Though not on the same level as Miller, the rest of the cast does a great job at developing the personal tone of the film. Set in a small town with many repeating faces, you come to feel like part of the family. Christina Hendricks does an admirable job as Katherine, Debra’s sister. Taking on the role to be a guiding force for a character who doesn’t know how to be guided, Hendricks does a nice job at portraying a stable force that is much needed. As playing the opposite personality of Miller’s Debra, Hendricks’ strengths lay with how grounded she is in her character’s positive stubbornness.

The two young actors Aidan McGraw and Aiden Fiske who play the Jesse, the grandson of Debra, are also noteworthy in how they showcase the emotions of a boy growing up through a depressing circumstance. Portraying different ages of his life, both actors properly capture the complicated identity of a young man in his situation. McGraw who plays the six through eight-year-old Jesse is especially impressive compared to most child actors. Many times a sour performance from a much younger actor in a dramatic role can really take away from the impact of the film. McGraw’s performance though is believable and praiseworthy from the moment he appears on screen.

One of the greatest aspects of the performances is how well they worked together. Aaron Paul, however, didn’t seem to have the same chemistry with his co-stars as they did with one another. Paul who plays Chris, Debra’s love interest, always keeps his guard up, which established a disconnection that was never overcome. Part of this seems to be initially due to the script, but there was always the perception that this character isn’t acting like he was written to be. This may have been more of fault due to miscasting opposed to Paul himself.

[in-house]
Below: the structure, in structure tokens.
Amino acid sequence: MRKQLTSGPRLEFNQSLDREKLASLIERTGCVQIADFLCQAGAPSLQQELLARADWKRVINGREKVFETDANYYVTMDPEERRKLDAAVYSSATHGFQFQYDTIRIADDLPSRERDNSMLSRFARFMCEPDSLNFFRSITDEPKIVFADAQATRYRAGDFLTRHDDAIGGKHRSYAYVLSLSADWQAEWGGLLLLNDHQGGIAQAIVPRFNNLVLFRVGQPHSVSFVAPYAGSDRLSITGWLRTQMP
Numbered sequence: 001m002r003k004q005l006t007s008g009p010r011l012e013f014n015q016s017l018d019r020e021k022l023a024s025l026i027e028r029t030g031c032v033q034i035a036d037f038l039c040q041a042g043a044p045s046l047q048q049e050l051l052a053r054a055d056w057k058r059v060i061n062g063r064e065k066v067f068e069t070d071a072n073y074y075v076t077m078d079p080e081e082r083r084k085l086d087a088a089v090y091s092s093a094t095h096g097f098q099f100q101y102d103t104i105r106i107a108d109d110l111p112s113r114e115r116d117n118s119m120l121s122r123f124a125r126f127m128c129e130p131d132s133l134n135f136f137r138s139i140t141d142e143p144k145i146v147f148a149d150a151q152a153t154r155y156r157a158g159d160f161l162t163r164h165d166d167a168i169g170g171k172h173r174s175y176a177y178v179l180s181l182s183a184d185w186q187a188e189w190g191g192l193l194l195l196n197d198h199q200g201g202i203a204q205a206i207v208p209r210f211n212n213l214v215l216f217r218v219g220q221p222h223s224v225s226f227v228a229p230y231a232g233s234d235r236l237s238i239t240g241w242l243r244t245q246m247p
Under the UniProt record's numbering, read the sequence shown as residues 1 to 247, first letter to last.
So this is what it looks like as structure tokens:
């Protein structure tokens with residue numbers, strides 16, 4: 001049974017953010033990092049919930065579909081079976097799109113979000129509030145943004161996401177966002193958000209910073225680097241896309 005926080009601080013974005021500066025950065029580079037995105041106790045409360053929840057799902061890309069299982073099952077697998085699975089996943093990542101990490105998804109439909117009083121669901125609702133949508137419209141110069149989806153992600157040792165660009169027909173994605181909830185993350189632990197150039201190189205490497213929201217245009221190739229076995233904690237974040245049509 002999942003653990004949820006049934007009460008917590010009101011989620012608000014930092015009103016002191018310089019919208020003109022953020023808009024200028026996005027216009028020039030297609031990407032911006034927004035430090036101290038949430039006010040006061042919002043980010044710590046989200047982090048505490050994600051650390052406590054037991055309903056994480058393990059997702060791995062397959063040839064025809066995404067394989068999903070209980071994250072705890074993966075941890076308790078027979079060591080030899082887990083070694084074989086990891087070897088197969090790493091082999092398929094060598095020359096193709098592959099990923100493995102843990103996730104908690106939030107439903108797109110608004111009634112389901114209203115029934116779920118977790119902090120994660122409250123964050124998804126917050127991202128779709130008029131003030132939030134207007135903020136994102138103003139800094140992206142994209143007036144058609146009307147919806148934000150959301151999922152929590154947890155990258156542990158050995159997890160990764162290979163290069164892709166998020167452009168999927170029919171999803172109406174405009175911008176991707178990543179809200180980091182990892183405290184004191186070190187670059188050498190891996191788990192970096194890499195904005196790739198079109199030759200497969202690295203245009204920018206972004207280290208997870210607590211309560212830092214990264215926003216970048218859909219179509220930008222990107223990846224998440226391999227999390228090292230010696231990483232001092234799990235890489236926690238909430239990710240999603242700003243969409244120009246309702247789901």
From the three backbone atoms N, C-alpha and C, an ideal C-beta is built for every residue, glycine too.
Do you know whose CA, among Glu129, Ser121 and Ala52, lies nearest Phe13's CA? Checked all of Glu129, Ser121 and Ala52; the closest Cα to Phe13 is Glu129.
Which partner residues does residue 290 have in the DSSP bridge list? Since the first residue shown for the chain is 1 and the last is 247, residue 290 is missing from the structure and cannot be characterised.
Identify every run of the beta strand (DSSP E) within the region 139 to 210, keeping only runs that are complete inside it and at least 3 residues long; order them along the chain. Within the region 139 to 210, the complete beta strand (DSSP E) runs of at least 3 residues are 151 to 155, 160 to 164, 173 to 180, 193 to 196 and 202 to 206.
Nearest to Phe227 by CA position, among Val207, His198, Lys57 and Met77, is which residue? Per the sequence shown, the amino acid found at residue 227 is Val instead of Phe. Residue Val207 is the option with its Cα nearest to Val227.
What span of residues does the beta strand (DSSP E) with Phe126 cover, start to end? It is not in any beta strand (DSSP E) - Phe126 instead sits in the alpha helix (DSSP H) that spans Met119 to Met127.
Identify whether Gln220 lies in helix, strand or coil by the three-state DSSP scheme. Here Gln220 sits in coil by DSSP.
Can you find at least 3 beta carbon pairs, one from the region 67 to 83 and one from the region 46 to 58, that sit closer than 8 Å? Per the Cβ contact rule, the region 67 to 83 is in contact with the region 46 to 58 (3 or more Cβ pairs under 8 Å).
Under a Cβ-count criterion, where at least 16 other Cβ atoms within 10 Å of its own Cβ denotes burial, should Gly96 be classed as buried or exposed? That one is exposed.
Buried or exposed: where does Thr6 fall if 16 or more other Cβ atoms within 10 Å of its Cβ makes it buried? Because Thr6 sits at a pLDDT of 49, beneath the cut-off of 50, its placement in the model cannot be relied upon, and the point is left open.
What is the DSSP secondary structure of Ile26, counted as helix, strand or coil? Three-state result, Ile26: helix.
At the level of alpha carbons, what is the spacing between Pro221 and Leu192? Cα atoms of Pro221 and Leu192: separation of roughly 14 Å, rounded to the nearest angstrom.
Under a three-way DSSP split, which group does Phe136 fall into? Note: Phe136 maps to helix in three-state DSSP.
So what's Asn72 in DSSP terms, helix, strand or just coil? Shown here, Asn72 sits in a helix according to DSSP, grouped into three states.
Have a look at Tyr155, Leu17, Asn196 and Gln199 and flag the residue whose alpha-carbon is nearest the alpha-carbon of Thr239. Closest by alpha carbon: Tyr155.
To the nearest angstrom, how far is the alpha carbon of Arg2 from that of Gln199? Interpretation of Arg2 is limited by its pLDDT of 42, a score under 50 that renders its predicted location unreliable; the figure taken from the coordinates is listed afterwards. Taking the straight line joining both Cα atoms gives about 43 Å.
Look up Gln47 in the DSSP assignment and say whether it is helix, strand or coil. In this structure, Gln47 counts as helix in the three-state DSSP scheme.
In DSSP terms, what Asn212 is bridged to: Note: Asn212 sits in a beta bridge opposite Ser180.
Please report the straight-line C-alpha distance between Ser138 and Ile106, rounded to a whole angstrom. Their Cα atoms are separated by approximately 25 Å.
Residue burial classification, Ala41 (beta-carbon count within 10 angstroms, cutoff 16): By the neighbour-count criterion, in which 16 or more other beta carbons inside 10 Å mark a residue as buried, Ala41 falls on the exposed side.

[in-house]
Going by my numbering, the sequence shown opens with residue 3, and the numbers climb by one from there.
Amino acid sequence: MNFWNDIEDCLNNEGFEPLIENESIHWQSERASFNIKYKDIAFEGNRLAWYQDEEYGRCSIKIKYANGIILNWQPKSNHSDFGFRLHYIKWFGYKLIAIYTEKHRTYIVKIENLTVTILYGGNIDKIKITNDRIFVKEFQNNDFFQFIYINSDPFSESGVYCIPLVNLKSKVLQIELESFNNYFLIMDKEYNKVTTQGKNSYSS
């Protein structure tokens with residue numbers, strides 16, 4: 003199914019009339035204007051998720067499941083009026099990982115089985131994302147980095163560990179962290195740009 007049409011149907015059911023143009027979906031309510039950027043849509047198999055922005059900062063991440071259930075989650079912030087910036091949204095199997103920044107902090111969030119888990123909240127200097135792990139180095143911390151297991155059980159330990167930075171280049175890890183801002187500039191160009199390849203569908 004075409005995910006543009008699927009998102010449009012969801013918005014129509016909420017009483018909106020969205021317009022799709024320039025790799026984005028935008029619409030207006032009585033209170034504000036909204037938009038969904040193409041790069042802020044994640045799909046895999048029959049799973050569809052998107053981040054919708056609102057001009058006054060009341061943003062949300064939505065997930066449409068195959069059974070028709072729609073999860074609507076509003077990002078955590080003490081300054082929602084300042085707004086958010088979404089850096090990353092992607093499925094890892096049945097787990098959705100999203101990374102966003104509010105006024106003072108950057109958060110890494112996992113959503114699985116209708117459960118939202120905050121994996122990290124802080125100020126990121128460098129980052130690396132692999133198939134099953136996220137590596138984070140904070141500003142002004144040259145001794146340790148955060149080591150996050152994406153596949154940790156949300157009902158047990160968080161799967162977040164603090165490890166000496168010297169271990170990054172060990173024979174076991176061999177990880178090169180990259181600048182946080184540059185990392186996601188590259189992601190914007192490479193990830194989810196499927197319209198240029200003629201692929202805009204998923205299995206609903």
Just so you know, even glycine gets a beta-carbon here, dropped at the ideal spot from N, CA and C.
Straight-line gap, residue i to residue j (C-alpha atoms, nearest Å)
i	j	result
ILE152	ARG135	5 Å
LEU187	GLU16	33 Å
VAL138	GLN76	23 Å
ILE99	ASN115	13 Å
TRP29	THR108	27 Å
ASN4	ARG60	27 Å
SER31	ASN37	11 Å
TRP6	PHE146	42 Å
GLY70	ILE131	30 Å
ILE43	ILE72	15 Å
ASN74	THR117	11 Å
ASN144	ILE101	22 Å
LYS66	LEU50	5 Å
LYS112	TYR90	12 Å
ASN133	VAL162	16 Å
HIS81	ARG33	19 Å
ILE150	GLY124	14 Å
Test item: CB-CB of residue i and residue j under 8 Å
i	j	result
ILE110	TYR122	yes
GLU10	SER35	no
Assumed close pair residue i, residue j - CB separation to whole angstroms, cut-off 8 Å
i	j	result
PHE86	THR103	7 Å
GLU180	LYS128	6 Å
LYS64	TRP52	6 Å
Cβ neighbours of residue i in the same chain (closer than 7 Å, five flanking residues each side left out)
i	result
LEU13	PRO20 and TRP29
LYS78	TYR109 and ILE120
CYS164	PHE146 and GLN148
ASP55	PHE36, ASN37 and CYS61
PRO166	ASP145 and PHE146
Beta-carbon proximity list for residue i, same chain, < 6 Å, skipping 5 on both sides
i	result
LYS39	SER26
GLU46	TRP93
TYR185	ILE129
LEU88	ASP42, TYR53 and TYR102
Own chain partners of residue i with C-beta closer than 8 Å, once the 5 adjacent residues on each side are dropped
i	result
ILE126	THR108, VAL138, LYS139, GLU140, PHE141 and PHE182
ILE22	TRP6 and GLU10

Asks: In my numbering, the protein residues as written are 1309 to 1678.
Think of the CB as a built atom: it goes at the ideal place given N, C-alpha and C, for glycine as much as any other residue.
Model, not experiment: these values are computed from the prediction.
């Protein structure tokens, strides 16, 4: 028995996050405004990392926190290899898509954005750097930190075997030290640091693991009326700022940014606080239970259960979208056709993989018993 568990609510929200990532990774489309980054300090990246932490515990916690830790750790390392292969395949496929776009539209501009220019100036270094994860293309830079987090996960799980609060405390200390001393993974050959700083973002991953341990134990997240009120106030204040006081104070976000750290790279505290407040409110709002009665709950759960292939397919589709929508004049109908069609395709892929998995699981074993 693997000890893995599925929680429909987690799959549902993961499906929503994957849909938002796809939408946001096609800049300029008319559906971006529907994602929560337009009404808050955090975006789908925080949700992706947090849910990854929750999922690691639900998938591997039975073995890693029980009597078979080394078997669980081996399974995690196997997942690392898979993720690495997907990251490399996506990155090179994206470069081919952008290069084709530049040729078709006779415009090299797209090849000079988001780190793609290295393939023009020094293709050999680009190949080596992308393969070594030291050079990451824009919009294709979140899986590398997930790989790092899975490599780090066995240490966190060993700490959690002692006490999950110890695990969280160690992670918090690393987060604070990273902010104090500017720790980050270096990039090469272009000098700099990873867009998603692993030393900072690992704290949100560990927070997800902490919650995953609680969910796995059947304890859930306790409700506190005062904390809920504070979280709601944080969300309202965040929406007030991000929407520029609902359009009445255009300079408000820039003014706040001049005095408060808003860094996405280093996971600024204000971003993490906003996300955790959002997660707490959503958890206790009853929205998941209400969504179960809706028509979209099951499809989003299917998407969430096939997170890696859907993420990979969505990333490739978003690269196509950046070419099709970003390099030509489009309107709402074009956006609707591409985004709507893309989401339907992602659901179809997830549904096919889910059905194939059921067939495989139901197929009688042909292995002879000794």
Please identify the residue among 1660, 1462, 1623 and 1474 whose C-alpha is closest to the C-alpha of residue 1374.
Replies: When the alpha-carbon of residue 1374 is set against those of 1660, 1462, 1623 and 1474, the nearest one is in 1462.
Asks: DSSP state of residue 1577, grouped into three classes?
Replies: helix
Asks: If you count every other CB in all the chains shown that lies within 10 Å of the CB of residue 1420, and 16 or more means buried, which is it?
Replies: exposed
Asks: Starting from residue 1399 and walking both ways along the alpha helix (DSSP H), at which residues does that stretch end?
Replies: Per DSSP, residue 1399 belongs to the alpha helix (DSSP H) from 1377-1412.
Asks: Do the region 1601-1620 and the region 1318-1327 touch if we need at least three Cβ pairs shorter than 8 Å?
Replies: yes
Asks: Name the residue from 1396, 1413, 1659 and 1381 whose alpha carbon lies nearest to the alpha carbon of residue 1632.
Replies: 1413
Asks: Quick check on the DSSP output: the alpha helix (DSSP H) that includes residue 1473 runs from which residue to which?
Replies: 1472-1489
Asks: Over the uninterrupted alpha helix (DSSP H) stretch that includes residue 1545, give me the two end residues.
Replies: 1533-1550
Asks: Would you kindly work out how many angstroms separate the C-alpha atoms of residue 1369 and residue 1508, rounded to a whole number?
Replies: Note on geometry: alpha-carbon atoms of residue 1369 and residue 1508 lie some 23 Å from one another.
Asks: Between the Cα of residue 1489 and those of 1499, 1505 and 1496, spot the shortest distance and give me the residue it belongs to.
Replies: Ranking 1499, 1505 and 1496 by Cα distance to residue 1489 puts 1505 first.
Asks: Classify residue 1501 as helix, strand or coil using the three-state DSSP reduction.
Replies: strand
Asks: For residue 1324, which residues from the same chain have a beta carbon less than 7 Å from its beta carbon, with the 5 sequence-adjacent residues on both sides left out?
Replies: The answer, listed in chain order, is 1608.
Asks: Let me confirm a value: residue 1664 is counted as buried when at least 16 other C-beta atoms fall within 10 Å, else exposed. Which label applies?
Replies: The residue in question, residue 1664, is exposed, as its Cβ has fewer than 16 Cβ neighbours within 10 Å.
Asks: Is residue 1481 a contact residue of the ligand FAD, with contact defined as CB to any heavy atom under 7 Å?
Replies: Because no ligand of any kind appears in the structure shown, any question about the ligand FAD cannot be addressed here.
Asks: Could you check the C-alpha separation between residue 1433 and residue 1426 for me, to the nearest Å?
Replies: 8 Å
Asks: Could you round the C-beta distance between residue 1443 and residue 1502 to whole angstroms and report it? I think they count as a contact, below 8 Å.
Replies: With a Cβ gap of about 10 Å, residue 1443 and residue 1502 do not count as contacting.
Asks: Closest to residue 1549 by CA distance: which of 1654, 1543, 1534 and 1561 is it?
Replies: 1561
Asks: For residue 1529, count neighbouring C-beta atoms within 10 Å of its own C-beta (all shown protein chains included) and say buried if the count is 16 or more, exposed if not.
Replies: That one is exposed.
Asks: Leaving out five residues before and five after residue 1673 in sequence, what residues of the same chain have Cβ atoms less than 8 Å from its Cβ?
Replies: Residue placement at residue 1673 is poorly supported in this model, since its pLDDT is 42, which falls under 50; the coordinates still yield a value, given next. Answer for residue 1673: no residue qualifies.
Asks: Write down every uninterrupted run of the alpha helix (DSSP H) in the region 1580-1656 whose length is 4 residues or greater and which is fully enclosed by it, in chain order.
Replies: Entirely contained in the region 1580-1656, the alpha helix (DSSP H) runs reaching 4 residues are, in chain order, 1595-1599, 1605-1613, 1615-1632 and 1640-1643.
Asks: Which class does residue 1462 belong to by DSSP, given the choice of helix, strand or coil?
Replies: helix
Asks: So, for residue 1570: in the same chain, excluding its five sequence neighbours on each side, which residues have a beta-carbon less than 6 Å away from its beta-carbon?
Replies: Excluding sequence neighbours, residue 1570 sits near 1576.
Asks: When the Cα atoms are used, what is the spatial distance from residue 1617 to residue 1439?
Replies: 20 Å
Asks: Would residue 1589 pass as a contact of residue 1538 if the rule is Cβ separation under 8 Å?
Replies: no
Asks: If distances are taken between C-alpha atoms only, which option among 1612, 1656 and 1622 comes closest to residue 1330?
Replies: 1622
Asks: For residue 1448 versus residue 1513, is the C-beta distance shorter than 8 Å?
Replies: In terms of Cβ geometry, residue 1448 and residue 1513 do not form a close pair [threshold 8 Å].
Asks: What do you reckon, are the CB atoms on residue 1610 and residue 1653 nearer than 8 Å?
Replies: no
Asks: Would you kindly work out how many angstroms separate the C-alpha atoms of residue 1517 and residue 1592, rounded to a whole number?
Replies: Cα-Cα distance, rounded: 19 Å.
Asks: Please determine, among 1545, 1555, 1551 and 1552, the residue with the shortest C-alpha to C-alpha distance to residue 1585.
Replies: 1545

Christina Hendricks and Sienna Miller in American Woman (2018)

American Woman is not about the big moments, but instead about watching how people react to them. This is brilliantly established in the editing as a subtle transition, and smoothly moves time along to show what the income of a moment as opposed to watching it unfold. Scott directs us to watch the forced growth of the characters, while always displaying the little moments that make them who they are. Short silent shots of Jesse at different moments of his life give more insight into the type of person he is growing into, more than any dialogue could.

The cinematography takes on a voyeuristic approach which is perfect for the intimacy of the film. While kept at a distance, we watch these characters as their most vulnerable. Many times it feels as if we shouldn’t, but it’s impossible to look away. It is like watching the clean up of a bad wreck. A sensation of guilt is trapped in your stomach as you spy on someone during the worst moment of their lives. However, our selfish fascination with others’ tragedy is difficult to keep oneself from. American Woman masterfully induces this sensation and though dark, it is one that everyone should experience.

Jonah Desneux

Jonah Desneux is a recent graduate from the University of Missouri with a BA in Film Studies. It’s baffling that someone who just spent four years writing film paper after film paper would immediately want to write some more, but hey, he must love it! Along with writing about film Jonah enjoys writing and performing sketch comedy in Columbia and Kansas City.